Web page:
Newbies and verified accounts must submit flips before the next validation ceremony. Not submitting flips is equal to missing a validation.
Candidates, suspended accounts, and zombies do not submit flips for the validation ceremony.
If your cryptoidentity is killed by the network, you lose your stake: 20% of all your rewards (mining, validation rewards, flip rewards, valid invitation rewards, and so on), which cannot be spent while your Idena account is valid and which can be received only when you voluntary terminate your account.
The remaining 80% of all your Idena earnings go directly to your Idena wallet. You keep those coins even if your cryptoidentity is killed (by you or by the network protocol).
To use Idena for sending messages and funds, you just need to download the app. To create a cryptoidentity, you should receive an invitation code from a validated participant of the network and use the code to apply for validation.
New invitations can only be sent out by validated nodes. The number of new invitations per node is limited and decreases as the network grows, while the total amount of generated invitations gets larger.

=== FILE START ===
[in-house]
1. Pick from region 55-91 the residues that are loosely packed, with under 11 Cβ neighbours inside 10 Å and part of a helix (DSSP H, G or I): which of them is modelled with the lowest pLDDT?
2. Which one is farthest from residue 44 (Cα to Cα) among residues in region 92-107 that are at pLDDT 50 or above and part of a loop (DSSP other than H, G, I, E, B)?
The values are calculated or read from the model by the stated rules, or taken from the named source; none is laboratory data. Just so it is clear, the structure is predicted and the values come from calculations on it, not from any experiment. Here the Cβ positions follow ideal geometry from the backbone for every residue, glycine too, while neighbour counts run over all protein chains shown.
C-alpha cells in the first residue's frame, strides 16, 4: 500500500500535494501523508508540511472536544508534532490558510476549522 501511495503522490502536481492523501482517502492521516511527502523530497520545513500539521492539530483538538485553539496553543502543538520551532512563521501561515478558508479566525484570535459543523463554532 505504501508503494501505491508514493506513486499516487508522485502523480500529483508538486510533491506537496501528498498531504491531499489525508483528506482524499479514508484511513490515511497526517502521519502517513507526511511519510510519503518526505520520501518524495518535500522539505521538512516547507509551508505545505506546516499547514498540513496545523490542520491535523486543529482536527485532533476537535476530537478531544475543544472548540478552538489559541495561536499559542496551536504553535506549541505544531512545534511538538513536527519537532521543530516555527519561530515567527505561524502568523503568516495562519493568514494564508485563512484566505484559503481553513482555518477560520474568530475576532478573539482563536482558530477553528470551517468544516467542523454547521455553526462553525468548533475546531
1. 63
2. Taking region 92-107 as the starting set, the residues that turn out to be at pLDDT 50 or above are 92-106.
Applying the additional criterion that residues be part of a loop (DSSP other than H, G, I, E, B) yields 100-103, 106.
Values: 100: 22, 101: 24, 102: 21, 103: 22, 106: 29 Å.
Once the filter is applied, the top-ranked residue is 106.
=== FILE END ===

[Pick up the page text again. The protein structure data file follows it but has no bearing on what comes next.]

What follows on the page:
The core Idena team is also granted to issue a limited number of invitations per epoch to support the network growth.
The pace of network growth is restricted to minimize the probability of a Sybil attack.
The Idena protocol introduces incentives to prevent participants from buying and selling invitations. The person who sells an invitation can kill the invited participant during the next three epochs. The seller can double-spend the invitation by selling it multiple times. Invitations should be granted for free to trusted people only (relatives, friends, and so on).